Until a Patent Promise is made, no one can trust Microsoft.

    A patent promise is to never ever use patents to sue any person or company, and only use the patents in self defence against other patent claims. This is the bedrock on which many successful companies have built their success.

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    1. @Gustav Hartvigsson

      And who else is making “patent promises”? Not Apple, Google, or Samsung.

      All players in the market are using patents to shield themselves, it’s the reality. Same goes for the “open” statement. Good luck with moving your cloud services from one provider to another.

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  4. It’s annoying reading articles like this when the author clearly has no experience in cloud technology. Google cloud is a joke and lags behind MS Azure by at least 2 years.

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    1. Barb is our cloud expert, and I concede I’m less familiar with the topic. As per my reply to Jeff above, I’ve tweaked the phrasing in the story but, given Google Cloud’s momentum and Azure’s limited appeal to non-Windows shops, I don’t think you would call Google a joke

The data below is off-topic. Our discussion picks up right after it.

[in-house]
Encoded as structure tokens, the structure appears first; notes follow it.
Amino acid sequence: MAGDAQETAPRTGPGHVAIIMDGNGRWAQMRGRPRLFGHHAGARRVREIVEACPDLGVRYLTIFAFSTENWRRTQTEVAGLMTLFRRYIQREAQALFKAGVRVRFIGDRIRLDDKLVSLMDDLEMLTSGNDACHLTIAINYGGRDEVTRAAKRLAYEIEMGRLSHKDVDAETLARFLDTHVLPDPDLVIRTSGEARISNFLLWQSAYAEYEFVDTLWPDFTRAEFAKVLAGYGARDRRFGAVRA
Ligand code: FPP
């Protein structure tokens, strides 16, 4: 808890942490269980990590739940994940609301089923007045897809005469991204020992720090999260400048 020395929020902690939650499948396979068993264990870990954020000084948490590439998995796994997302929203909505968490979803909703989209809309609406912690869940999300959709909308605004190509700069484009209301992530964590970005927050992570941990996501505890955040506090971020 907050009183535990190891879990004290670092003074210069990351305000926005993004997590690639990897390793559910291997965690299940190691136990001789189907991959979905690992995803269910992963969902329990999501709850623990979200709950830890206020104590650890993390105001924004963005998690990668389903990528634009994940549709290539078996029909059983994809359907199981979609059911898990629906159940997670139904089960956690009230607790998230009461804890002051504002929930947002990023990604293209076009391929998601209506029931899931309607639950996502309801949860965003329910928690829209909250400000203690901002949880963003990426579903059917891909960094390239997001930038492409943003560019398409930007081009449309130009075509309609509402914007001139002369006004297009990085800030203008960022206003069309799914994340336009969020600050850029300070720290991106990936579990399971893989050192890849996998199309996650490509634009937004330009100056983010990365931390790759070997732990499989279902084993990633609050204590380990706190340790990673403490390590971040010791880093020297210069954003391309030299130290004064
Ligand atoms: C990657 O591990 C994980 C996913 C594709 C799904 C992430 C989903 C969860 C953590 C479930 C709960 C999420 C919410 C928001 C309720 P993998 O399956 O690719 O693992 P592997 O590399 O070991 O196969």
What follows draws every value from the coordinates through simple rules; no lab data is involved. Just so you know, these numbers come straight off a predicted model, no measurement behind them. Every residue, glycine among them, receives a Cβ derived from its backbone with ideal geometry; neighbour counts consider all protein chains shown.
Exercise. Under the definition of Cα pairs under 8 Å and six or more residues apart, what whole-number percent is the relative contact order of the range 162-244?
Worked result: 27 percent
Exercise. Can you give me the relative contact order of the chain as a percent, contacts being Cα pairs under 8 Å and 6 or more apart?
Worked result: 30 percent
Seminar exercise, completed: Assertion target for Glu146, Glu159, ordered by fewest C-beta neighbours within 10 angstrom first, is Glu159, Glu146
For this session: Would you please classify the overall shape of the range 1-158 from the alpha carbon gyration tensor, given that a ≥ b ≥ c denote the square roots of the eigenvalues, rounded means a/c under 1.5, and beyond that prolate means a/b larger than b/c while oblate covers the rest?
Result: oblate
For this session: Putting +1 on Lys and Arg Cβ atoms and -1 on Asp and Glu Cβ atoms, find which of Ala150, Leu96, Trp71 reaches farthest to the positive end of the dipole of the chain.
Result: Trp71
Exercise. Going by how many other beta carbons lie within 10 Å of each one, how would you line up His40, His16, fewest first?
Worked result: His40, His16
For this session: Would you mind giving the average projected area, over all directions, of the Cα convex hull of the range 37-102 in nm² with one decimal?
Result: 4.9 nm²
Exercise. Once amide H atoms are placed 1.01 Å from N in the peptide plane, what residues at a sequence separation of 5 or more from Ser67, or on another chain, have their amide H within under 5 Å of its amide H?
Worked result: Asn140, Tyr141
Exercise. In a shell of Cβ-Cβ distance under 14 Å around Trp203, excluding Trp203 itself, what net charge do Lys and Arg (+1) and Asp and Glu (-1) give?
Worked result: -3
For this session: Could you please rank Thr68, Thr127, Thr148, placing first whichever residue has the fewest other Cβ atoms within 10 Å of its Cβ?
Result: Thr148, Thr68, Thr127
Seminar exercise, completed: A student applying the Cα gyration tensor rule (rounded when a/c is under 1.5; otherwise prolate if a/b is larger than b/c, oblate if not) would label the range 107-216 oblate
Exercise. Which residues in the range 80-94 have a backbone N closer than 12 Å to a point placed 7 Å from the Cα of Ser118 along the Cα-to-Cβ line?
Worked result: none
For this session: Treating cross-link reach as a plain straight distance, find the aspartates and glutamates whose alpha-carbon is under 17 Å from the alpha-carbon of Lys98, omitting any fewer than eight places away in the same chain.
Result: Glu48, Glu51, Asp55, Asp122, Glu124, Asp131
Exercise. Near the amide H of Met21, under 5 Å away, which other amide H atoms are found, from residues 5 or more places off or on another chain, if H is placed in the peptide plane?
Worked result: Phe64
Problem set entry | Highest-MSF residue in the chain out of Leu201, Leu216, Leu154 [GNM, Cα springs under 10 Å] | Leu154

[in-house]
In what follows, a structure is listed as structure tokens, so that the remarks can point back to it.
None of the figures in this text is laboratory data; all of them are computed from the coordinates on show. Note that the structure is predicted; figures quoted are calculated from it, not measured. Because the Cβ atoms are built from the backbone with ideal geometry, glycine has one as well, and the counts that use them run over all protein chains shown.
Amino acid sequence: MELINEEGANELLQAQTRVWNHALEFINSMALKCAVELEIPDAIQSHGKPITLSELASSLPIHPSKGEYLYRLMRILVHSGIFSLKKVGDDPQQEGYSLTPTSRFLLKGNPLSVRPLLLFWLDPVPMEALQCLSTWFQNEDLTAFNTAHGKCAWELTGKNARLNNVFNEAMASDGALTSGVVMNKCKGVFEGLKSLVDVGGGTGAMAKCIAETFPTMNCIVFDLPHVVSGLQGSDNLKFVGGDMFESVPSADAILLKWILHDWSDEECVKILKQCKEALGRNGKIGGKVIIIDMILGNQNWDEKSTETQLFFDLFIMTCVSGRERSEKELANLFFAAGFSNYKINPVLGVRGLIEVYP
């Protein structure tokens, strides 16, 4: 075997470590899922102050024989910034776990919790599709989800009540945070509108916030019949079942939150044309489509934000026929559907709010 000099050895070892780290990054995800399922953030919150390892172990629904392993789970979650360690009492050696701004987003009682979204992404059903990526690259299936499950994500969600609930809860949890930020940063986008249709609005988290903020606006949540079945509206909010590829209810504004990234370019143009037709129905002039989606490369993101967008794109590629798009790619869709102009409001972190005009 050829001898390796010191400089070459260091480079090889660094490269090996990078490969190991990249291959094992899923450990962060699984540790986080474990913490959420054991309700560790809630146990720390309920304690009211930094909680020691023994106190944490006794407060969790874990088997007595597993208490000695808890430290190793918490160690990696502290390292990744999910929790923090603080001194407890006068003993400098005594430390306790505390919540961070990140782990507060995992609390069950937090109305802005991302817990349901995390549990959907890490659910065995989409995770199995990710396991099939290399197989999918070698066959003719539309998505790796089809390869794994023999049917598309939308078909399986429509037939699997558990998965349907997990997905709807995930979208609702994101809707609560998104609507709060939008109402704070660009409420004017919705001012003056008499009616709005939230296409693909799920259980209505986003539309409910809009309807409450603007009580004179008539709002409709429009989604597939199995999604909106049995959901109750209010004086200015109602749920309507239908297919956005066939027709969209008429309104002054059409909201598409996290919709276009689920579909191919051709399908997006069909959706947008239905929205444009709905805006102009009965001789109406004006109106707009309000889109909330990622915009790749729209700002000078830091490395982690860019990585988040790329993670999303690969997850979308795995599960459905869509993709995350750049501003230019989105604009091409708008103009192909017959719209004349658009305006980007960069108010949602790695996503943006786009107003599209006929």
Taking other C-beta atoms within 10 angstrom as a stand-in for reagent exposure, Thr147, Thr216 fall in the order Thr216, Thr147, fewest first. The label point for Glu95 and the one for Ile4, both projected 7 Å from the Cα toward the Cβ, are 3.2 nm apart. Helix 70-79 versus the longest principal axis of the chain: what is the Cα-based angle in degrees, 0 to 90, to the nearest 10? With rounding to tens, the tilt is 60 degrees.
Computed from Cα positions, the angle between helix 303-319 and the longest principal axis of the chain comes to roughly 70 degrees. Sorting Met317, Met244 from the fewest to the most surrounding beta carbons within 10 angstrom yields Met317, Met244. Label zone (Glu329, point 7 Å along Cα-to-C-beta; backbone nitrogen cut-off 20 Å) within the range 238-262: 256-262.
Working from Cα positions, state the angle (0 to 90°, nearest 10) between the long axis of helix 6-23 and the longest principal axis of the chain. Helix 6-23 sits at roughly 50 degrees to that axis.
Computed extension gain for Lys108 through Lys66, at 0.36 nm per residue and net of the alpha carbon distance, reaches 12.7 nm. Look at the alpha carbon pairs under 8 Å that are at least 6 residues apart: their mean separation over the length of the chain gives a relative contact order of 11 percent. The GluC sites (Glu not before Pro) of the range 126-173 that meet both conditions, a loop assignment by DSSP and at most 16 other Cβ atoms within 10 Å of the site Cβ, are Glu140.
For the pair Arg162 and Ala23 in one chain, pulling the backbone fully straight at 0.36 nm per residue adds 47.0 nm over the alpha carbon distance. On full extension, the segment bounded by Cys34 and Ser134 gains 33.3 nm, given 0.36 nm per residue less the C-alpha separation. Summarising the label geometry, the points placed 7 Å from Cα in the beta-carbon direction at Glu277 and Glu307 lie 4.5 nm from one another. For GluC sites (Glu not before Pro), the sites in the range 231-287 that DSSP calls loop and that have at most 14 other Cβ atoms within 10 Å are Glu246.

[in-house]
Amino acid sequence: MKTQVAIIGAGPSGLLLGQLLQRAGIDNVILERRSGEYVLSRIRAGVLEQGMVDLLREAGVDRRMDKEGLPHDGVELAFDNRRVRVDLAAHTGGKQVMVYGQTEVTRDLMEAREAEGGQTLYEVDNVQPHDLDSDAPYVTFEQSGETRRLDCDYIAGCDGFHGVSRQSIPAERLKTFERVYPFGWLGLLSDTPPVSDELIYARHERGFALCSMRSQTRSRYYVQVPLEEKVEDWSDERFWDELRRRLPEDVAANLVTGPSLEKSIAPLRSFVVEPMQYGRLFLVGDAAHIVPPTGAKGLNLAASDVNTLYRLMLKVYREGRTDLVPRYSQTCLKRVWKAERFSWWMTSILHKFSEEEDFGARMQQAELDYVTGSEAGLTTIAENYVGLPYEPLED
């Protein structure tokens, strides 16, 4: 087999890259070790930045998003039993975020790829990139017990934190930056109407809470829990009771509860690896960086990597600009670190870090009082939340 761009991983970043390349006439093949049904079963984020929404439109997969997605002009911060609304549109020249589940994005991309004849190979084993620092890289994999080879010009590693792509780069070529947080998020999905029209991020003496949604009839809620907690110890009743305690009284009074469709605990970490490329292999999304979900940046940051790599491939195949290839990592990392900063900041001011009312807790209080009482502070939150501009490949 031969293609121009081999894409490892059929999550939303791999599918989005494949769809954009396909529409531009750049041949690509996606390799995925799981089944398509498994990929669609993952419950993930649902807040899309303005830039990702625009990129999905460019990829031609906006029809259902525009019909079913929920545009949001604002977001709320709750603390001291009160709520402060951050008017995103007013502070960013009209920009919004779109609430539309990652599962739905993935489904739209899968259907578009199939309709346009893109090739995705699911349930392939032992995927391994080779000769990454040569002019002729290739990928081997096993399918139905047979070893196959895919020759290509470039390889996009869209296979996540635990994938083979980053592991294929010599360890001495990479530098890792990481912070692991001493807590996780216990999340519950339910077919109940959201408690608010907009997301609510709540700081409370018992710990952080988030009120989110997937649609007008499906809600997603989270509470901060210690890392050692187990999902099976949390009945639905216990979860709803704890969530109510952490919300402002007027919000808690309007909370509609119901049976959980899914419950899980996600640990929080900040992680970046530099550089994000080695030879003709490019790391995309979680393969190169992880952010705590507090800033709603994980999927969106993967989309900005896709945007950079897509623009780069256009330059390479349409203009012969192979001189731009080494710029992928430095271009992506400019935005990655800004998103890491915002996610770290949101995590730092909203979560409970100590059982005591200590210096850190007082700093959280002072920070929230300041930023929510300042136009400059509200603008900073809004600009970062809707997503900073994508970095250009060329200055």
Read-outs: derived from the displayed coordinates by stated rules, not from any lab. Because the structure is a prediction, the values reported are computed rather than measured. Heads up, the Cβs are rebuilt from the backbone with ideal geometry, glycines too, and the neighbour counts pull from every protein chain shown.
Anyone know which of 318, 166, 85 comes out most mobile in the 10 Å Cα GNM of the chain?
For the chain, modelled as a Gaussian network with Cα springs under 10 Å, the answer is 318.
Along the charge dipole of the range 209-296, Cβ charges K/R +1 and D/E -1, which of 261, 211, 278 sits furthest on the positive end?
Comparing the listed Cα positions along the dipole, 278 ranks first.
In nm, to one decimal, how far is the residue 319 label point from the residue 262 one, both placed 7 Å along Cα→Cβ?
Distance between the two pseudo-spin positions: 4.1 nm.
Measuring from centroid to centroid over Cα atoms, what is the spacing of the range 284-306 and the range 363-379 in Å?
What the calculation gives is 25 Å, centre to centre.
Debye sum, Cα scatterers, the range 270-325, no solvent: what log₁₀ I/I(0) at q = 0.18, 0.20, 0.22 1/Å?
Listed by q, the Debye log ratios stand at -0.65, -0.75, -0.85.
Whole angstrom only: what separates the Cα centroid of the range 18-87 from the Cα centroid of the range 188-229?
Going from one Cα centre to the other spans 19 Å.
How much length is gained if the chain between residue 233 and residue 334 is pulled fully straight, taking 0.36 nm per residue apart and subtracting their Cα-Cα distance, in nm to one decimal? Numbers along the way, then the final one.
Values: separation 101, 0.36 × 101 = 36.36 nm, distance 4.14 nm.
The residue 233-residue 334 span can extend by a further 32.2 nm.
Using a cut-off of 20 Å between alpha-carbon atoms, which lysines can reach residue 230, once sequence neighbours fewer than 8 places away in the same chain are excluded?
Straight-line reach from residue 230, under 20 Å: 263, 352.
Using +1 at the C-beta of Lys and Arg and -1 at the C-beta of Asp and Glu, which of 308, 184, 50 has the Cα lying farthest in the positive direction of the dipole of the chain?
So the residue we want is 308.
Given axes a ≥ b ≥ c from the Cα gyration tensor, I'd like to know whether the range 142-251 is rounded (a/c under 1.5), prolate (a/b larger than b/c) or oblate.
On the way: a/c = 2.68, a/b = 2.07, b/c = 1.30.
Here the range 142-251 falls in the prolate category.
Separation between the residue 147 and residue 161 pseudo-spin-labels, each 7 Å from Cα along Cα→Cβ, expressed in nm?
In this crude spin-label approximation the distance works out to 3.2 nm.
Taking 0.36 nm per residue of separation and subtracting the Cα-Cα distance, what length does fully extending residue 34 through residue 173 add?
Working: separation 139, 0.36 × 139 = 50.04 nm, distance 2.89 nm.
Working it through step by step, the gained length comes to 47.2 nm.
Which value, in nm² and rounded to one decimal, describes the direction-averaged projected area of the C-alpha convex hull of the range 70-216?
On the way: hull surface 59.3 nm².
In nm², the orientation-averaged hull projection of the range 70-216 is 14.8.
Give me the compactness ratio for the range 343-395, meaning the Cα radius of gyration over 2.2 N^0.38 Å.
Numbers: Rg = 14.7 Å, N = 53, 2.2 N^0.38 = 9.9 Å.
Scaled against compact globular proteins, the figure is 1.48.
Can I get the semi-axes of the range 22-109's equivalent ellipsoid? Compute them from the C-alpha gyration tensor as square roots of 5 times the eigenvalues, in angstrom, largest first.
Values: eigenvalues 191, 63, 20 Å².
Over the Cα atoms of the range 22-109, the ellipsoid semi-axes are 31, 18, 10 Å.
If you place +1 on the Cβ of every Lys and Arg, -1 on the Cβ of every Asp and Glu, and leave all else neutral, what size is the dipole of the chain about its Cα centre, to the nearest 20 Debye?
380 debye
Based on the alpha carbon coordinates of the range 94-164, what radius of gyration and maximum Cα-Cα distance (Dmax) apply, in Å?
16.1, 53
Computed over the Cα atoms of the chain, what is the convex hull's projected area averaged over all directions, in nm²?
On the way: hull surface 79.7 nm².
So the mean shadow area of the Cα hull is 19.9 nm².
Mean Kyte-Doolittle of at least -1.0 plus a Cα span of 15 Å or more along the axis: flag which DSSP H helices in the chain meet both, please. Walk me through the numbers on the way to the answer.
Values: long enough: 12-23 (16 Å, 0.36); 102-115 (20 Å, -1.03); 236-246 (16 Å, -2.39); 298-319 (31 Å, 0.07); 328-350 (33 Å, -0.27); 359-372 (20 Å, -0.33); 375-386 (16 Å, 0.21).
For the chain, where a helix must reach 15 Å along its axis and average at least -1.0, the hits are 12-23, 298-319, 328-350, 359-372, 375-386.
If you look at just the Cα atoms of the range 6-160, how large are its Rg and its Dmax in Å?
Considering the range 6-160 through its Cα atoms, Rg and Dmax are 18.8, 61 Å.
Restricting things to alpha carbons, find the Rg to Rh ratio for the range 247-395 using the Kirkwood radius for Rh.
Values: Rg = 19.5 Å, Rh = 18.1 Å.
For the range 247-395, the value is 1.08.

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  5. “….A bone fine rival to Google Cloud…” ? How does being bigger than Google Cloud put Microsoft Azure in a position to have to look up to it? The only cloud provider Microsoft has in its sights is Amazon, the only provider ahead of it.

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  6. I just wish the azure windows updates wouldn’t have killed my virtual machine.

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  7. Jerry Voelker Thursday, June 19, 2014

    I would like to know how this article was published? When I was a professor, if one of my students turned in a written assignment with so many factual errors and erroneous assumptions based on misinformation, I would have given them an F.